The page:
The library — a special place
As I have said before, I grew up on a farm outside of Tiskilwa. My sisters were several years older than me and because of that age difference, were not always available to be my playmates. We did some things together on the farm, but primarily, I was by myself. As I got old enough to read books, I was found frequently with one in my hand.
I became an avid reader. On our weekly trips to town to the grocery store and to check on my grandma, I would convince my mom that our trip needed to include a stop at the Tiskilwa Library. I would gather up my allotment of books to check out; there was a limit, and I believe the number was five. At that time, the checkout was done by hand, and everyone had a library card number that was used.
I read all of the Nancy Drew mystery books that were on the shelves of the library. I know that I read some of them more than once. I would look through the numbers recorded on the paper in the front of the books, and sometimes I would miss my number. I would take home a book that I had already read. That was OK. I would read the book again. I still have no problem reading books again — you know you can miss nuances of the story the first time.
As I got older, my reading expanded into many other areas. From Anna Karenina to the Carl Sandburg books on Abraham Lincoln to Shakespeare, I was pretty diverse. I enjoyed all of them and many others.
Most of this reading took place during the summer months. I grew up in the ‘50s and ‘60s without air conditioning; in fact I don’t even remember really having a fan in the house. My favorite reading spot on a hot summer day was under the big shade tree on a blanket in my front yard. That was the coolest spot I could find.
I spent a lot of hours in that front yard, but I was not really in the yard. I was off to some faraway place the book in front of me carried me off to. It was great! For a small town girl, I could be in New York, Russia, Germany or England with the blink of an eye.
Upon the death of my mother, my sisters and I decided to name the Tiskilwa Library as the recipient of any memorials that we received. Because of those memorials, I made a visit to this library to drop off some of the money. It was like walking back in time.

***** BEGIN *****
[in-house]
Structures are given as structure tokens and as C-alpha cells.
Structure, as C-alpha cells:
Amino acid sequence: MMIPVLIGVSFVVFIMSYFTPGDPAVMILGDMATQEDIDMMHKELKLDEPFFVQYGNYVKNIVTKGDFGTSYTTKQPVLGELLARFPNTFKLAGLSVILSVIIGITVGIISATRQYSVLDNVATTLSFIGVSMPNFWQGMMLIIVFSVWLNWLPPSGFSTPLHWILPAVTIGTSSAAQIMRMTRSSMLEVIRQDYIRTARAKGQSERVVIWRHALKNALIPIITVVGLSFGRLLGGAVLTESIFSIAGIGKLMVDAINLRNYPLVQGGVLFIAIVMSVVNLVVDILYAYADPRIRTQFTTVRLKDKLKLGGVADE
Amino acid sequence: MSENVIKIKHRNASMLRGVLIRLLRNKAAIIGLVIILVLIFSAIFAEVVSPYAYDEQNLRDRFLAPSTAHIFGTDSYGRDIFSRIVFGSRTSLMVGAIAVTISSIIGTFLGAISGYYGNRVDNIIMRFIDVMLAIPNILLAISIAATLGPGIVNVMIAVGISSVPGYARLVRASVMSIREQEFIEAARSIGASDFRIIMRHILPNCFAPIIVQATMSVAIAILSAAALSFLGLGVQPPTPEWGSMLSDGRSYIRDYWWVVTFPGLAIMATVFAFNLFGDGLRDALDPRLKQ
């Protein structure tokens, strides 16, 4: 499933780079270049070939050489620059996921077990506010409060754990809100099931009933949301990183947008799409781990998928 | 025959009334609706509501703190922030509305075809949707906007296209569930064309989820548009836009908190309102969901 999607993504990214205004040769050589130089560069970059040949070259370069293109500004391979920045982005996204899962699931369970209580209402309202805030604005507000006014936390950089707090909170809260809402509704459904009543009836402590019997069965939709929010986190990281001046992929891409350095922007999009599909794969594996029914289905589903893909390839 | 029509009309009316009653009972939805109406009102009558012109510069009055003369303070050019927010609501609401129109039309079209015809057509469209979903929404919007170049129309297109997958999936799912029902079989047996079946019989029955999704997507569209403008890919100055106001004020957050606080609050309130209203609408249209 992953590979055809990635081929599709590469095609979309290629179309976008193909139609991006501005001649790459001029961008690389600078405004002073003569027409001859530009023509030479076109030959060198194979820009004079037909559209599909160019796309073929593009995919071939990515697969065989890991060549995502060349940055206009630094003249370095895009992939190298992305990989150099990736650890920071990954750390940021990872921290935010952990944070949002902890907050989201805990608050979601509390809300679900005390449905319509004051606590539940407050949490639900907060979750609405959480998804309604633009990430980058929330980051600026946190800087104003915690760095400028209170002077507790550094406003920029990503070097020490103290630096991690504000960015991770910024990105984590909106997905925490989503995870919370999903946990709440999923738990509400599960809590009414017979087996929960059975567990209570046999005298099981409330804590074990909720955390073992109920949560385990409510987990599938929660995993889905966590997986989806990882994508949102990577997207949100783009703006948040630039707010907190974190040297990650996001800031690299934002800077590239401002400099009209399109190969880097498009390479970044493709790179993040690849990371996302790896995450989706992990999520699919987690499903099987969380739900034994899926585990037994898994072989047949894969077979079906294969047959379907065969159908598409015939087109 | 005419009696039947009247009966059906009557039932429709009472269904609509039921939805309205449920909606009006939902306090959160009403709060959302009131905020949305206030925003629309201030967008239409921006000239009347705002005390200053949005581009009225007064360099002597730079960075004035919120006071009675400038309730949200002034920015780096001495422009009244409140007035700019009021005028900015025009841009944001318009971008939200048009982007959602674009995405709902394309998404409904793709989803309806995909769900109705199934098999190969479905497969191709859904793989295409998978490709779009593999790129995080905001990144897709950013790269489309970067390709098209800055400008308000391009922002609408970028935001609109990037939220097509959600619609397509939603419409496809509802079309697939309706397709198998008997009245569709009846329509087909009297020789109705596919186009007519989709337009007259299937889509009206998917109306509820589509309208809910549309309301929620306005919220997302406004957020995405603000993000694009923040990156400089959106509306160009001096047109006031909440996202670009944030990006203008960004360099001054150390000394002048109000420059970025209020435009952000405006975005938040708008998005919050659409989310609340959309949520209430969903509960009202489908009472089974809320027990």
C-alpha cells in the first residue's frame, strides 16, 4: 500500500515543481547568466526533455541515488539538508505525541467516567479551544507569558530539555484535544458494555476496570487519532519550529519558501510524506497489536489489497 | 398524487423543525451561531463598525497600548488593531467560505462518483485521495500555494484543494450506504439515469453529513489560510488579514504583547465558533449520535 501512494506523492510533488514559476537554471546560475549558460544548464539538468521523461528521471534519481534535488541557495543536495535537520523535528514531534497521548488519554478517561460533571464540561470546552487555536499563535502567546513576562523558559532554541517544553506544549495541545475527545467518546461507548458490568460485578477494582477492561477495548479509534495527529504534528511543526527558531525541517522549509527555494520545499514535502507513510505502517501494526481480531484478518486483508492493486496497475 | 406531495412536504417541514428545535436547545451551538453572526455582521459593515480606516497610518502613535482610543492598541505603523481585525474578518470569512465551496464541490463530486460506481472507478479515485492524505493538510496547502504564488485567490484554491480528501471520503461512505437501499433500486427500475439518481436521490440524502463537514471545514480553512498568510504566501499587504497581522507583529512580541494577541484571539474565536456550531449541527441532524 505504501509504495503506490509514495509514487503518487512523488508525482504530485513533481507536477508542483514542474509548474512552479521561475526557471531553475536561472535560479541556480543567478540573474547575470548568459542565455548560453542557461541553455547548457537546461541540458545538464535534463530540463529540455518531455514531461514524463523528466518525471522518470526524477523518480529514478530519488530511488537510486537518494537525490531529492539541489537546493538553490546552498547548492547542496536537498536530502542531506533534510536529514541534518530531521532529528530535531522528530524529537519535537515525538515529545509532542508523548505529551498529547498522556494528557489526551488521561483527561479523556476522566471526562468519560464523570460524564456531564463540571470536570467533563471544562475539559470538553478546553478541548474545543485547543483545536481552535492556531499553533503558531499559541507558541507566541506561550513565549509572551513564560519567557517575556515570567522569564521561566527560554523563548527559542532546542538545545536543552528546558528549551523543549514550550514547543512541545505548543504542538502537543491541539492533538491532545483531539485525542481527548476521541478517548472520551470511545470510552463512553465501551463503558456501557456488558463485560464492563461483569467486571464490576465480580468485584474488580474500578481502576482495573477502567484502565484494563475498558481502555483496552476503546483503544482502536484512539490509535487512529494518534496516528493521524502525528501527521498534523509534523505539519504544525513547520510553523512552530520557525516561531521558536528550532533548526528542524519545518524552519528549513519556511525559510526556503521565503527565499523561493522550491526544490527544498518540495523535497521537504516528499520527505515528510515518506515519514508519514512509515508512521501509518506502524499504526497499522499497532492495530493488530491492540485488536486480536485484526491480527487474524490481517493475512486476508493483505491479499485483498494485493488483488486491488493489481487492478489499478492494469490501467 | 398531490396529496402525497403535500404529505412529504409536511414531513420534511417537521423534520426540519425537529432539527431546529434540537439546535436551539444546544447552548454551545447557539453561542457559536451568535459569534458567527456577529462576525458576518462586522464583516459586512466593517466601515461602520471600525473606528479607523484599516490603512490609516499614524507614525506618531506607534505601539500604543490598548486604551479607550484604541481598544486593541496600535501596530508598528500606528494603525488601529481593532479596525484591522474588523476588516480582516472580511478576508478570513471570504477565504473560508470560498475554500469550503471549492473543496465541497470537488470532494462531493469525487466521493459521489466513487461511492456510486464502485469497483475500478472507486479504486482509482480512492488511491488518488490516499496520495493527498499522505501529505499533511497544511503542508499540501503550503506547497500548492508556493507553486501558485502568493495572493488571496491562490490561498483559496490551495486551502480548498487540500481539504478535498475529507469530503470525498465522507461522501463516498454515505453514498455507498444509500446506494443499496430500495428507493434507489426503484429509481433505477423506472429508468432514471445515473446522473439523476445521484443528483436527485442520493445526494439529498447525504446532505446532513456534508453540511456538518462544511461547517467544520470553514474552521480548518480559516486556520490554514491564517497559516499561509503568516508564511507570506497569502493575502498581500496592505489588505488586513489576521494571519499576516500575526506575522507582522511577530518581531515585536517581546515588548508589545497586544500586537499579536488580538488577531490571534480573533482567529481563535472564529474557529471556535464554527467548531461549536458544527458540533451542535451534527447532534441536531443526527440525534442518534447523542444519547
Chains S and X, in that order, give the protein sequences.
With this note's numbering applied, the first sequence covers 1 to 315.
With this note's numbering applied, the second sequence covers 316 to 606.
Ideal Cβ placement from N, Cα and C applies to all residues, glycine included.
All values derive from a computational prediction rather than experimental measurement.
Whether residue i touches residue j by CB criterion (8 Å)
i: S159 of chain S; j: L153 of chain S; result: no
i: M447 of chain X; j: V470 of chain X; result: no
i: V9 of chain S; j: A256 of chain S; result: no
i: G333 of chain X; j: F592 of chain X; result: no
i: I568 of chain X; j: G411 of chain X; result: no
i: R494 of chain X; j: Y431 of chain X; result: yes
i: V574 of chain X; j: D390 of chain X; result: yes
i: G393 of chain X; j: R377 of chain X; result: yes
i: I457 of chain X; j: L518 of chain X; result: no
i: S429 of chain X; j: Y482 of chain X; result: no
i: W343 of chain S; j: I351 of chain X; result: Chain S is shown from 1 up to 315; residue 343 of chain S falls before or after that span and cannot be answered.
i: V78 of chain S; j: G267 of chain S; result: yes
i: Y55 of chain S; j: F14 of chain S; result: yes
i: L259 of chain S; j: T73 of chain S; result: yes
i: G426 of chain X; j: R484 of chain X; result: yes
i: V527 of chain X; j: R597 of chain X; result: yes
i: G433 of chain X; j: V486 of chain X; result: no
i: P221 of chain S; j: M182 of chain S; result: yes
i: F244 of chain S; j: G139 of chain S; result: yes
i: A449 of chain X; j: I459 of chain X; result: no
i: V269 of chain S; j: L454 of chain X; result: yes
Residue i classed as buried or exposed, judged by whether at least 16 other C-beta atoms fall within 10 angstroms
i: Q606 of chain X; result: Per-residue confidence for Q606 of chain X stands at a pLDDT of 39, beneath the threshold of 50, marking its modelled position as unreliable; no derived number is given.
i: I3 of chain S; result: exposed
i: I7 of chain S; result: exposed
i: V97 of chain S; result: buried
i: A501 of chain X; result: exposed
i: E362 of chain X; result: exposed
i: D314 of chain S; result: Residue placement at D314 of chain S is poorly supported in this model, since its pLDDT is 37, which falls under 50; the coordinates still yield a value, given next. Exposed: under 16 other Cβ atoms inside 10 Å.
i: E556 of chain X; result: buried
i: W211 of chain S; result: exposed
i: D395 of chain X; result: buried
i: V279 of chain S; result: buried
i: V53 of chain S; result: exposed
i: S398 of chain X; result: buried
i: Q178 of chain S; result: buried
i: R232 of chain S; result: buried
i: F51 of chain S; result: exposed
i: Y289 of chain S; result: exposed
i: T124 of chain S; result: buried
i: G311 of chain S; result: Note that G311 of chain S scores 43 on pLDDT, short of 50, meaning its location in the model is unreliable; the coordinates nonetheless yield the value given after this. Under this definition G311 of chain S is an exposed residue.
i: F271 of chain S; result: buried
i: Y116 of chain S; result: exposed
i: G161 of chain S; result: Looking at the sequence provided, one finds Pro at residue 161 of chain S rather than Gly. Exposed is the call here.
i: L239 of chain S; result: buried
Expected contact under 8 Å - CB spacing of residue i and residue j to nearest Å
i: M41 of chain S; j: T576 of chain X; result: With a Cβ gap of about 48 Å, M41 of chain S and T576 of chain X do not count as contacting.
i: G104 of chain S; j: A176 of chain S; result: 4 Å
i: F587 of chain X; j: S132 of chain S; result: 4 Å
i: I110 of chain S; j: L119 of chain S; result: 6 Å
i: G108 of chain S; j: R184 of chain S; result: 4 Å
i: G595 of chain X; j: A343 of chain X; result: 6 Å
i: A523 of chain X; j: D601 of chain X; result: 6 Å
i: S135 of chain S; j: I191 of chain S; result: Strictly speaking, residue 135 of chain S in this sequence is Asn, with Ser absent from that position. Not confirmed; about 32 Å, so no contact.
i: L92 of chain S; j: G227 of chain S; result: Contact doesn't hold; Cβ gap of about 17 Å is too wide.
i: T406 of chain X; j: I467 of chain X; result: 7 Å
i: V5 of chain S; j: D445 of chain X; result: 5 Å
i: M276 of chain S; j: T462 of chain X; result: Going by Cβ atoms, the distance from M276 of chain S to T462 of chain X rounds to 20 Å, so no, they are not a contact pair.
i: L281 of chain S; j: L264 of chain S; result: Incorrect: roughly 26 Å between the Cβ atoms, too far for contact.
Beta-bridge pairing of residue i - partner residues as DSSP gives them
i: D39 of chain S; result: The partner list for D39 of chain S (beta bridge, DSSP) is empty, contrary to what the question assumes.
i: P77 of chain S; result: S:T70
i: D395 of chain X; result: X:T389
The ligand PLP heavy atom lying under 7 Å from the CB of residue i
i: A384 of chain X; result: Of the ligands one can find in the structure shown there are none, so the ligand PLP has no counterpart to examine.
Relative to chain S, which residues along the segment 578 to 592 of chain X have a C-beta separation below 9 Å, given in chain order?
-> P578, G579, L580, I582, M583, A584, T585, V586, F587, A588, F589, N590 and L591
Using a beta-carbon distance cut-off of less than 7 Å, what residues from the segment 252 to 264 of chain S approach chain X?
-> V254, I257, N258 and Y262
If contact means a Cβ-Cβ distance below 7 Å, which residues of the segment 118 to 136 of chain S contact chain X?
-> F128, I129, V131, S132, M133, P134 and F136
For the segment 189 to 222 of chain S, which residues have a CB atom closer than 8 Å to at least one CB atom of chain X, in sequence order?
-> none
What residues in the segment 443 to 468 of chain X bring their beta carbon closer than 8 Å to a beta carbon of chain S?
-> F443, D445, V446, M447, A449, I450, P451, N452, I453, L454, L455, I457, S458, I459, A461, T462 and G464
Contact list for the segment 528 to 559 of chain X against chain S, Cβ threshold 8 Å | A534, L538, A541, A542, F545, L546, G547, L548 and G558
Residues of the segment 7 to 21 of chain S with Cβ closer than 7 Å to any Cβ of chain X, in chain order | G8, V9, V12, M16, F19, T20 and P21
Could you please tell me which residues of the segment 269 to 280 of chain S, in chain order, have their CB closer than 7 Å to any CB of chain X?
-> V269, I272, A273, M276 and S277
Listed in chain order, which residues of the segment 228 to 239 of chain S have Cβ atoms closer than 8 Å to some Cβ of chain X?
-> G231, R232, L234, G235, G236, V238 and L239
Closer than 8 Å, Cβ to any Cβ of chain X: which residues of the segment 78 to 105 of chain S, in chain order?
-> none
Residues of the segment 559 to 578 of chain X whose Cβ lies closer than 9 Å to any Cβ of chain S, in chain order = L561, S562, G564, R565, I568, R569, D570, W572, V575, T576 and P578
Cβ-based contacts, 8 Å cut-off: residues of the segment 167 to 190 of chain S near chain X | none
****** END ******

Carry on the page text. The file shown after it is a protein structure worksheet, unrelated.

Many of you know the library in Tiskilwa is in the process of adding an addition that will be handicapped accessible and will allow that community to have some small meeting rooms to be used for tutoring, counseling or other activities. The youth and adults in Tiskilwa will be very fortunate to have this new facility to use and enjoy.
The main part of the library has gone through some changes over the years. The shelves of books are still in their same locations, but drop ceilings were added at some point, and those are being removed as part of the current project. According to the librarian that was there the day I visited, the original building is more than 100 years old, and it is being restored to its original state. I was also given a brief tour of the new facilities still under construction.
It is exciting to see a small town preserving and improving upon their local library. That library was so important to me as a child. It makes me very happy that the building is being updated and renewed.
This winter with its cold and snow, my reading hobby has been revitalized. Now I do a lot of my reading by downloading books to my iPad. I enjoy the convenience of having a new book in an instant, but it isn’t quite the same as browsing the stacks of the library, reading a few pages and choosing that special book for a new adventure. Nothing is quite the same as that.
Young or old, take a trip to your library; you’ll be glad you did. Congratulations to the residents of Tiskilwa on your library project. I plan to visit the old and new building as soon as the project is completed. I will make myself a new memory of a special place from my childhood.
Nita Wyatt of Wyanet can be reached at firstname.lastname@example.org.